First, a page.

The days of campus radicals disrupting or even preventing invited speakers from speaking by imposing a “heckler’s veto,” or timid university administrators shuttling unpopular speech off to a “free speech zone” on an untraveled part of campus, may soon be a thing of the past.
Oklahoma has joined a growing list of states whose legislatures are protecting campus free speech using model legislation from the Goldwater Institute. The model legislation not only sets forth basic rules universities must follow to guarantee free speech, but adds teeth to it for speakers whose rights have been violated.
The model legislation accomplishes several things:
- Creates an official university policy that strongly affirms the importance of free expression, nullifying any existing restrictive speech codes in the process.
- Prevents administrators from disinviting speakers, no matter how controversial, whom members of the campus community wish to hear from.
- Establishes a system of disciplinary sanctions for students and anyone else who interferes with the free-speech rights of others.
- Allows persons whose free-speech rights have been improperly infringed by the university to recover court costs and attorney’s fees.
- Reaffirms that universities ought to officially remain neutral on issues of public controversy to encourage the widest possible range of opinion and dialogue.
- It ensures that students will be informed of the official policy on free expression.
- It authorizes a special subcommittee of the university board of trustees to issue a yearly report to the public, the trustees, the governor, and the legislature on the administrative handling of free-speech issues.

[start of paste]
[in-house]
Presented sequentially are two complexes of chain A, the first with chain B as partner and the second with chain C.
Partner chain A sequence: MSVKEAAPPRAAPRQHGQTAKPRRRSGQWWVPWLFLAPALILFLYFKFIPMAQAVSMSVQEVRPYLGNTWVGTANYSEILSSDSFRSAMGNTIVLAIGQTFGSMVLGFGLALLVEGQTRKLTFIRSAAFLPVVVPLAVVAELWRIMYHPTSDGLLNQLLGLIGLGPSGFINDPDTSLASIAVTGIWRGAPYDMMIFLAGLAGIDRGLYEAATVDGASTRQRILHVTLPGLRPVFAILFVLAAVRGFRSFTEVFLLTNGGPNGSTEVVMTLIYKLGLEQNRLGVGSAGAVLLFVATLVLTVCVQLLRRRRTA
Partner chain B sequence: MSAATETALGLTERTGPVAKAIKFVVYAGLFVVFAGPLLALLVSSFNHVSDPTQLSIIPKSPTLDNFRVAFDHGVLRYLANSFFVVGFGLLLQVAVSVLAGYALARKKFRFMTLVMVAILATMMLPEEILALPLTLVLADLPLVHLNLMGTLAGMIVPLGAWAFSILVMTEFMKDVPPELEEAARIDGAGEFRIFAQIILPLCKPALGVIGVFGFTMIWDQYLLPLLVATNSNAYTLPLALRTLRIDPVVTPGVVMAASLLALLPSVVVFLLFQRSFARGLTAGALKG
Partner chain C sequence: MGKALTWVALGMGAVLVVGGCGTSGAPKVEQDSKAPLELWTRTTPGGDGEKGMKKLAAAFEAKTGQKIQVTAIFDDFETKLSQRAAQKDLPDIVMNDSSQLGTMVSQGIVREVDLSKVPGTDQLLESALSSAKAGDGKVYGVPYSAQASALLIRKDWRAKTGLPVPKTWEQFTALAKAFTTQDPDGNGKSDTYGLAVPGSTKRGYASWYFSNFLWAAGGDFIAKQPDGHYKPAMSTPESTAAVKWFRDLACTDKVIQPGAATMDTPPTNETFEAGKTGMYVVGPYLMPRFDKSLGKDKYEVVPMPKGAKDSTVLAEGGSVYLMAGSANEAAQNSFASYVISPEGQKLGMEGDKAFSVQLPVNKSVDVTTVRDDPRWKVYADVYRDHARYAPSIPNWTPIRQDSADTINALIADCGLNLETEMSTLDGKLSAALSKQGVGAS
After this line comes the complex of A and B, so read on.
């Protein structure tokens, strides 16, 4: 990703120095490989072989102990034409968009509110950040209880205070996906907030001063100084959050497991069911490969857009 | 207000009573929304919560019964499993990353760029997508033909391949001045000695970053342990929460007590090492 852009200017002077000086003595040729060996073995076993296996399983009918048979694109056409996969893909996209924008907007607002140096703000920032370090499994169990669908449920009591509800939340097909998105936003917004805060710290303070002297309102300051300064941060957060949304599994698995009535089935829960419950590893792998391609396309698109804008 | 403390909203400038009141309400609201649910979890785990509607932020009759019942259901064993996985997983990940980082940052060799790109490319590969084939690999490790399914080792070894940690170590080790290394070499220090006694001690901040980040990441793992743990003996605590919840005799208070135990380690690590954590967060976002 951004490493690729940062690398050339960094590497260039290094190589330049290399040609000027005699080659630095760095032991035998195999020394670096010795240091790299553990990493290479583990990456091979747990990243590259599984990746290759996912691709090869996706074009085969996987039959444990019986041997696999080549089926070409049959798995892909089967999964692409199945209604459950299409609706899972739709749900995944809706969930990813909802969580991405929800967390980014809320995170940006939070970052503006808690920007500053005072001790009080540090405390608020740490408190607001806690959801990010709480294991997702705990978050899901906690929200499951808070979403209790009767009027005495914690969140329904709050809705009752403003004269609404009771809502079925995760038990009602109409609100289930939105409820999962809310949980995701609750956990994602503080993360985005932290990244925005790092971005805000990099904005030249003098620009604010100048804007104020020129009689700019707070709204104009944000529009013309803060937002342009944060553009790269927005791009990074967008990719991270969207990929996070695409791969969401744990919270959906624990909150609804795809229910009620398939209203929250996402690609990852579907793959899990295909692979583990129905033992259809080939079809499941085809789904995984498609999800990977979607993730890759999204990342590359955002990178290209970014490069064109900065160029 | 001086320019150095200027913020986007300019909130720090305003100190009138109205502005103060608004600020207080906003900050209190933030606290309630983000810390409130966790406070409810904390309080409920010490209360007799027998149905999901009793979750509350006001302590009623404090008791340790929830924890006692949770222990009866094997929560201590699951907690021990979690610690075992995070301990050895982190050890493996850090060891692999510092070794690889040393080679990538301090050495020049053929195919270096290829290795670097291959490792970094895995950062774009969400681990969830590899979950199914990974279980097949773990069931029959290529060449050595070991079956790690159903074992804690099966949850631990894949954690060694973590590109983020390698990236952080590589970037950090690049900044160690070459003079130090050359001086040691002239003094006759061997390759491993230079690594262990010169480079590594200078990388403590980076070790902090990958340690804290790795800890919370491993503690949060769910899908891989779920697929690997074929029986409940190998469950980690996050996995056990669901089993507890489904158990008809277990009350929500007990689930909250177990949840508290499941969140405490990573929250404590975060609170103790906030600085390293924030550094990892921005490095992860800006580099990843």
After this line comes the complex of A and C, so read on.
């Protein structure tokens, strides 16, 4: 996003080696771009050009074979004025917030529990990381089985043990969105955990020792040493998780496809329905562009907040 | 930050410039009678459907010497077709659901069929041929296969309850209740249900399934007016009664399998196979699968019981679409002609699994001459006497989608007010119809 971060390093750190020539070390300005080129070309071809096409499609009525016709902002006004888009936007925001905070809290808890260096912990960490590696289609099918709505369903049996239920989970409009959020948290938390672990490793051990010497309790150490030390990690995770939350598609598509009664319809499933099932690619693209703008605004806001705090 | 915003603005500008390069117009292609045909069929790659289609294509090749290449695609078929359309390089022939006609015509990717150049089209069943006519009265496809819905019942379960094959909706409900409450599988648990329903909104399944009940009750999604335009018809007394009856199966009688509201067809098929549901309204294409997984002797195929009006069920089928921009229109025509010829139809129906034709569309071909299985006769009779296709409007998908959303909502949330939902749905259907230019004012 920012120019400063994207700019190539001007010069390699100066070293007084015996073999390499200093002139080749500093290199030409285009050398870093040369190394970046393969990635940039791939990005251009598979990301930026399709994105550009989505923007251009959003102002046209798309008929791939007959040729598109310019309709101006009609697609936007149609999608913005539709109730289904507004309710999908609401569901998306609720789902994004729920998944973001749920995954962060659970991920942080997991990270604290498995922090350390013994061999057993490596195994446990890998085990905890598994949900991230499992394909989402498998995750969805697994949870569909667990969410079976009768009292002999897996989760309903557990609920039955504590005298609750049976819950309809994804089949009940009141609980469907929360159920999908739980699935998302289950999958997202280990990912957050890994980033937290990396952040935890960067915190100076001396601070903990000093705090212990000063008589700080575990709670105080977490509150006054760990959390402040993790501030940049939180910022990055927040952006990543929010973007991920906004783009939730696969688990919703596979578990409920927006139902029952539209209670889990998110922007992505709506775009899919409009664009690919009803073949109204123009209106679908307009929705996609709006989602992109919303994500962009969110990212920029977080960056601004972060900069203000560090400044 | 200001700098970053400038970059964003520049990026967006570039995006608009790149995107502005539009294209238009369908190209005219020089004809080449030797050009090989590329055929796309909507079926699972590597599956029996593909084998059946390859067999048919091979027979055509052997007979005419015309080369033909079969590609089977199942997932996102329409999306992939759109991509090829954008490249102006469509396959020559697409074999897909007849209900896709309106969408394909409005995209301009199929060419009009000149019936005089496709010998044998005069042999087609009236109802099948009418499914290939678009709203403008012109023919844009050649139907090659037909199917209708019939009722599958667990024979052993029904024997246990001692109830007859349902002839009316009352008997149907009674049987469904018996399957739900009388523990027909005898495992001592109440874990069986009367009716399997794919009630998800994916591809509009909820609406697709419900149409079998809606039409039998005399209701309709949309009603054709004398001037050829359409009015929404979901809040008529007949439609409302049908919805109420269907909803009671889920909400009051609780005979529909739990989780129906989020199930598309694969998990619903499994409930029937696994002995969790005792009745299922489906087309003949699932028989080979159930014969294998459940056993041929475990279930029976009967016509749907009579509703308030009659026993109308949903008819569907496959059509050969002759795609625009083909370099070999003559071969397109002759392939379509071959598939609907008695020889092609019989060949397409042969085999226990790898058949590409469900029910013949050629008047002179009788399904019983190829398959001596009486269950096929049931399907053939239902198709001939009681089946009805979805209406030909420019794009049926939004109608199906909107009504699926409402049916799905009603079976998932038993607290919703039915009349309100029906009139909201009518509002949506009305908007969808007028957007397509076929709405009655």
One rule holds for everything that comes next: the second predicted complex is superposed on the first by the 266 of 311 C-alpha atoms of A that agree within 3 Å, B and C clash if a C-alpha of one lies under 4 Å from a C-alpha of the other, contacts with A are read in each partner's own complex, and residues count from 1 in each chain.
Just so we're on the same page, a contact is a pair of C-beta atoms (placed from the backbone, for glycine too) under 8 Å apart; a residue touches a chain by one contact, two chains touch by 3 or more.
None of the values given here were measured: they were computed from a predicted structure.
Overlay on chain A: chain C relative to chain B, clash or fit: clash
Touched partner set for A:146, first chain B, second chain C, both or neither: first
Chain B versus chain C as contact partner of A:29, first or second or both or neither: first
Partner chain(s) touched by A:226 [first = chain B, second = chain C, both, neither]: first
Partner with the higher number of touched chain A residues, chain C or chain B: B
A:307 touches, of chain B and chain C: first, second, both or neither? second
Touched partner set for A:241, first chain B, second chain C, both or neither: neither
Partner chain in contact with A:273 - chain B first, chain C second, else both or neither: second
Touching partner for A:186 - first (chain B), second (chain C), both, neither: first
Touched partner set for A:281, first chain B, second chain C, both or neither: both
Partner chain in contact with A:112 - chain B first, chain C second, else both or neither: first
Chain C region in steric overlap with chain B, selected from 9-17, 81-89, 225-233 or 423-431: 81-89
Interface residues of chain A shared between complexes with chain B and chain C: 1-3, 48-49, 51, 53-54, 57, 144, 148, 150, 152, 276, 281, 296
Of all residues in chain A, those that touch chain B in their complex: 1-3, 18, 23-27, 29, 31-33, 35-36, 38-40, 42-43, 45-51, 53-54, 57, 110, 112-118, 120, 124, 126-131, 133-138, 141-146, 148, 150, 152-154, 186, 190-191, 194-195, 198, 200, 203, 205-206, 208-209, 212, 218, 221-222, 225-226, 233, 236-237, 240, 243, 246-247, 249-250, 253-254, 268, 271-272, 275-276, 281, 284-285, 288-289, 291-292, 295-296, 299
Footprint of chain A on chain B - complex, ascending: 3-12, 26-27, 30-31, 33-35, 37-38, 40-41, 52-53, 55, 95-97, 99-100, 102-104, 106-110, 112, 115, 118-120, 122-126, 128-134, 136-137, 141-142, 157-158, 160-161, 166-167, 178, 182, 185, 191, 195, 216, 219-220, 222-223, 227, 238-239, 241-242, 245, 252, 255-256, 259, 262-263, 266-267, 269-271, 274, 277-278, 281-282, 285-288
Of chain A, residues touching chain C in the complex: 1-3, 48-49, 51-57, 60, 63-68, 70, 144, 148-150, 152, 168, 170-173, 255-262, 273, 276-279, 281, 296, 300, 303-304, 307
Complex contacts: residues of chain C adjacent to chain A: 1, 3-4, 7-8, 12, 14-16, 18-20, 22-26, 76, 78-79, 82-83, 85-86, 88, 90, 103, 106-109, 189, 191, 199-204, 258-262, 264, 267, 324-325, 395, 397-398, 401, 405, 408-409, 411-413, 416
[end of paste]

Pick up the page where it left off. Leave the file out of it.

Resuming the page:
State legislatures, of course, are free to accept or reject any of the provisions of the model legislation, but it’s obvious that the entire package offers enforceable guarantees of free speech as well as a high degree of accountability for universities.
This year alone, Kentucky and Iowa have each enacted campus free speech laws. Texas is on the cusp of passing one. These laws typically cover only state-run universities, as the government’s reach into campus policies on free speech does not extend to private schools.
Even better news may be coming from the schools themselves, many of which have adopted the Chicago Statement, a 2014 University of Chicago policy that has been adopted by over 62 educational institutions to date, according to the Foundation for Individual Rights in Education. When schools like Princeton, Purdue, Columbia, Georgetown and others take the voluntary step of adopting the Chicago Statement, it sends a strong message to students, faculty and administrators that free speech reaffirms a core purpose of the university—to provide a place for the free interchange of competing ideas.
After all, how can you test the value of an idea unless you hear it? As Richard Branson says, “Ideas are responsible for the progression and prosperity of humans—without them we would still be living in prehistoric times. No idea is too small, and all sorts of ideas have potential to change the world as we know it for the better.”